George V. Hansen, a flamboyant Idaho congressman who launched a quixotic one-man mission to bring back U.S. hostages from Iran and who later went to prison for violating federal ethics laws, died Aug. 14 at a hospital in Pocatello, Idaho. He was 83.
His death was reported by the Idaho Statesman newspaper. The cause was not disclosed.
Mr. Hansen, who stood 6-foot-6 and weighed 300 pounds, towered above the crowd and never had trouble making headlines, whether favorable to his cause or not. He was an affable, larger-than-life figure who was first elected to the House of Representatives as a Republican in 1964.
During his seven nonconsecutive terms in Congress, he became one of Capitol Hill’s most outspoken and implacable foes of what he considered out-of-control federal meddling in people’s lives.
To his supporters, he was a hero of the rising anti-government movement, a St. George slaying the dragons of big government, as his own campaign literature put it. To his detractors, including members of his own party, he was often seen as a reckless buffoon.
After serving two terms in the House in the 1960s, Mr. Hansen lost bids for the Senate in 1968 and 1972. He won reelection to the House in 1974 from a heavily Republican district, defeating incumbent Orval Hansen in the primary and Democrat Max Hanson in the general election.
Three months after taking office, Mr. Hansen pleaded guilty to two counts of violating Watergate-inspired campaign reform laws by not properly reporting campaign contributions and expenses. A judge reduced his sentence from jail time to a fine when Mr. Hansen’s lawyer pleaded that his client was “stupid but not evil.”
Throughout his years in Congress, Mr. Hansen railed against the Internal Revenue Service, which he said was planning armed raids on the residents of Idaho and had a particular vendetta against Mormons, including Mr. Hansen. He published a book in 1980, “To Harass Our People: The IRS and Government Abuse of Power.”
He charged that the Immigration and Naturalization Service brought illegal workers across the border for the purpose of arresting the U.S. farmers who hired them. He helped constituents fight legal battles against the Occupational Safety and Health Administration.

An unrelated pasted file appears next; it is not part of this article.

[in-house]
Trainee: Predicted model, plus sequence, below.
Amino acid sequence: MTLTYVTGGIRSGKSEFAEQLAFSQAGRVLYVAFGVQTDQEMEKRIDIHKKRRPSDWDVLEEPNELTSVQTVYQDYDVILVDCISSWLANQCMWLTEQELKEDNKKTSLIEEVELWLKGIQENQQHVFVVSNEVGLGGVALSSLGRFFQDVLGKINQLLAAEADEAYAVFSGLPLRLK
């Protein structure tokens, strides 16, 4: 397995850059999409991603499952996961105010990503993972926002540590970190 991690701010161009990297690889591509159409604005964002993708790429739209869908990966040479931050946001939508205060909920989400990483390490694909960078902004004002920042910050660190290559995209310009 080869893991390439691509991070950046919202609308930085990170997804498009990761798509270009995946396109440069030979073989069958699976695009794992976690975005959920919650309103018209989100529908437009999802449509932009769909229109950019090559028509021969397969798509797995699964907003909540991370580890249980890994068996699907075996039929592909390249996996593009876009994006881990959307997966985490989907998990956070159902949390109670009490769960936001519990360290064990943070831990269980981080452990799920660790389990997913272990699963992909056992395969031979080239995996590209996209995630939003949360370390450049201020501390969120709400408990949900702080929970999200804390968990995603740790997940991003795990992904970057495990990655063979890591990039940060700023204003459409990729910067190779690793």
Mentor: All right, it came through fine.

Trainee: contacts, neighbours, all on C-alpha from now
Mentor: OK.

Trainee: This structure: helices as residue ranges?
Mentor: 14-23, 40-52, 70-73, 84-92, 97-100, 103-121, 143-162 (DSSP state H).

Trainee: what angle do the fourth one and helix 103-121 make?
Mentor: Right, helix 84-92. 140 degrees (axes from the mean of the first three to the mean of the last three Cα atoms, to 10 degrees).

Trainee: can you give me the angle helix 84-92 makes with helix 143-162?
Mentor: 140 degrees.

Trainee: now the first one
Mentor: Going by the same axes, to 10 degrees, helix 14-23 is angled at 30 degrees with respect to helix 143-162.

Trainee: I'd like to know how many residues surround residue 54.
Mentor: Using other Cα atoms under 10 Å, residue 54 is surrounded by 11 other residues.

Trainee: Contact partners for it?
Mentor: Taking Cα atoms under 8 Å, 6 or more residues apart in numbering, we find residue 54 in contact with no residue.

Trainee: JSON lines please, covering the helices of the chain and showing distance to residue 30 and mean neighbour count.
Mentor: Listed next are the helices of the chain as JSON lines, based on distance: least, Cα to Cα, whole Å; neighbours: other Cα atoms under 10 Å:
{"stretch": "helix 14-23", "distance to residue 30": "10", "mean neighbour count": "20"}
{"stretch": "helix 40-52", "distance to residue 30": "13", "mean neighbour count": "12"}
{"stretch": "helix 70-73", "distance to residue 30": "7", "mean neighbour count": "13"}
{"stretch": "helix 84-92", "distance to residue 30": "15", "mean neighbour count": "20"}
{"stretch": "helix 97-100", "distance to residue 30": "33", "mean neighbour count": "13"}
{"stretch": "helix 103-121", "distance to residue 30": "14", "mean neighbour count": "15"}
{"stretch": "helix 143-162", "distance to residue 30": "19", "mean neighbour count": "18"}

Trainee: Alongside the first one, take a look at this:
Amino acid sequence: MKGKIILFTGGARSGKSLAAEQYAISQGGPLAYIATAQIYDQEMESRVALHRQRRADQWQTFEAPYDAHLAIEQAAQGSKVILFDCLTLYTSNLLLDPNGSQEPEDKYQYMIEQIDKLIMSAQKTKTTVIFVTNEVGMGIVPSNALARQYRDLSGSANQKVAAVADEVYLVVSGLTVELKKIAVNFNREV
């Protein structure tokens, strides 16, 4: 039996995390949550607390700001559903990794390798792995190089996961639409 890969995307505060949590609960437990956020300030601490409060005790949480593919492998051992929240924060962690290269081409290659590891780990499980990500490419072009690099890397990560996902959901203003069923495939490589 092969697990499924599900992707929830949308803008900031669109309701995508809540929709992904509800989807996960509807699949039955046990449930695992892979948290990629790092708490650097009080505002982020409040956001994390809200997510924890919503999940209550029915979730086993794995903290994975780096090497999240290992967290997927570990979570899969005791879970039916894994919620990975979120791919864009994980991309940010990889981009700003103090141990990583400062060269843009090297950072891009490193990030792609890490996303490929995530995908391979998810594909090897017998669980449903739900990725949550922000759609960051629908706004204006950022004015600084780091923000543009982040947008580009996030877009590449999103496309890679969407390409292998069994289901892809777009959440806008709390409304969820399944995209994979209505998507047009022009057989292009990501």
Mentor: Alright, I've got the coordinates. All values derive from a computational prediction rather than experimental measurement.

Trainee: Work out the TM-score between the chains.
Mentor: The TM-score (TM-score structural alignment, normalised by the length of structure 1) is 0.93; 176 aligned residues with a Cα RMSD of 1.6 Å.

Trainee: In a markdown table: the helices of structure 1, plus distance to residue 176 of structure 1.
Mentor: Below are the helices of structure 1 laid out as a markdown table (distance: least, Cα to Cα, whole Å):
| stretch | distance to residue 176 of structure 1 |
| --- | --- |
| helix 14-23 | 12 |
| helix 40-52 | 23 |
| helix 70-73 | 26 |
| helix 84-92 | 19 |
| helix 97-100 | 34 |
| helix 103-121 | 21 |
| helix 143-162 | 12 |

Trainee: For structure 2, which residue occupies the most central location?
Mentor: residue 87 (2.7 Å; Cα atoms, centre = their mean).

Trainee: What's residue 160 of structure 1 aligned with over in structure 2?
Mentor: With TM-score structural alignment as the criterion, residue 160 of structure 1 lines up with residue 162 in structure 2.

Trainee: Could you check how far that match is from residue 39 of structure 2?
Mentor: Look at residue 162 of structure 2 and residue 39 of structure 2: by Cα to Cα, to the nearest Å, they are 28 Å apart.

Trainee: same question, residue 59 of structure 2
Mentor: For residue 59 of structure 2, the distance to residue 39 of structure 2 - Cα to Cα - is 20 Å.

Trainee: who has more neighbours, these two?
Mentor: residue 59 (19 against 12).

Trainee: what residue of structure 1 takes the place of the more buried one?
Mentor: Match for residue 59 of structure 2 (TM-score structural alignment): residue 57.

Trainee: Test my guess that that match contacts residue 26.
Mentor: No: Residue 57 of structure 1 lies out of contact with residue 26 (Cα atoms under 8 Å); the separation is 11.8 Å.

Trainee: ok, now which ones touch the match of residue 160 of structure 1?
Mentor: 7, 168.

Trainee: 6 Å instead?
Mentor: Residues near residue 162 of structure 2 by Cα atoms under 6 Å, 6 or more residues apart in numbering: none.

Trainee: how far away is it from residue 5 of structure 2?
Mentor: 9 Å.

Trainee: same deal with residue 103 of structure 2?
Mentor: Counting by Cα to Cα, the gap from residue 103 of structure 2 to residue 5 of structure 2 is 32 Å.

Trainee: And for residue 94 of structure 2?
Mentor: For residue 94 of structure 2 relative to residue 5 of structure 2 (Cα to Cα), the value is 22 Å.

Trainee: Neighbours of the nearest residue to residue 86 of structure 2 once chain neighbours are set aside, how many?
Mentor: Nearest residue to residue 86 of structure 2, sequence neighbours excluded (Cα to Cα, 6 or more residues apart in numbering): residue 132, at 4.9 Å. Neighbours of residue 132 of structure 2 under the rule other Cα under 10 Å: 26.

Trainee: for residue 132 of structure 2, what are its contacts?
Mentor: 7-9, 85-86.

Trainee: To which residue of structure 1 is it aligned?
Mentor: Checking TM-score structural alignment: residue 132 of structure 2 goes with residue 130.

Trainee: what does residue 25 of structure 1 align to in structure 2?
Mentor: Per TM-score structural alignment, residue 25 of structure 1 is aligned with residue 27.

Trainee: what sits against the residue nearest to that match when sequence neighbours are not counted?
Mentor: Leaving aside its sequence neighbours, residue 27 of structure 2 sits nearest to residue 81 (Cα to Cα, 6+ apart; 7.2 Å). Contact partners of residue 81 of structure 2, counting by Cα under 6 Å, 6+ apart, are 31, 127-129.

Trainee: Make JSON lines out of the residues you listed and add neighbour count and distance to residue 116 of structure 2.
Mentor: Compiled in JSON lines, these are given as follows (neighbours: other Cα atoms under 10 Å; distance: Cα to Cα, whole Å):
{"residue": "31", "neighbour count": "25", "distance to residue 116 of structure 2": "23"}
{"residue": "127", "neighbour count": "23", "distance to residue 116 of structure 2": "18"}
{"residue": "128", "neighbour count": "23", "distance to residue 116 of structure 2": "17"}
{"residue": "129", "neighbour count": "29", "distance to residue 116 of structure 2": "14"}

Mr. Hansen also became something of a rogue one-man diplomatic team, making trips to Taiwan and Nicaragua and, most infamously, to Tehran in 1979 during the Iranian hostage crisis.
He spoke to some U.S. citizens held captive, which official negotiators had not been able to do. But his unauthorized mission to Iran enraged officials at the State Department and in the administration of President Jimmy Carter, as well as fellow members of Congress.
Rep. Millicent Fenwick (R-N.J.) called Mr. Hansen’s effort at international diplomacy “dangerous” and “irresponsible.”
White House press secretary Jody Powell said it violated the constitutional separation of powers and “could prolong the captivity of American hostages.”
In return, Mr. Hansen threatened to launch impeachment proceedings against Carter over the hostage crisis. He also became a vocal opponent of abortion rights and the treaty that relinquished U.S. control of the Panama Canal.
Keeping such a high profile proved expensive, and Mr. Hansen said it was impossible to live on his annual congressional salary, which was $57,500 in 1977. He sought approval from the Federal Election Commission to solicit contributions to pay his personal expenses, but such a practice would violate congressional ethics rules.
Under Idaho’s community property laws, Mr. Hansen and his wife divided their assets, and Connie Hansen sent out mass mailings, requesting that people send money to help pay off debts.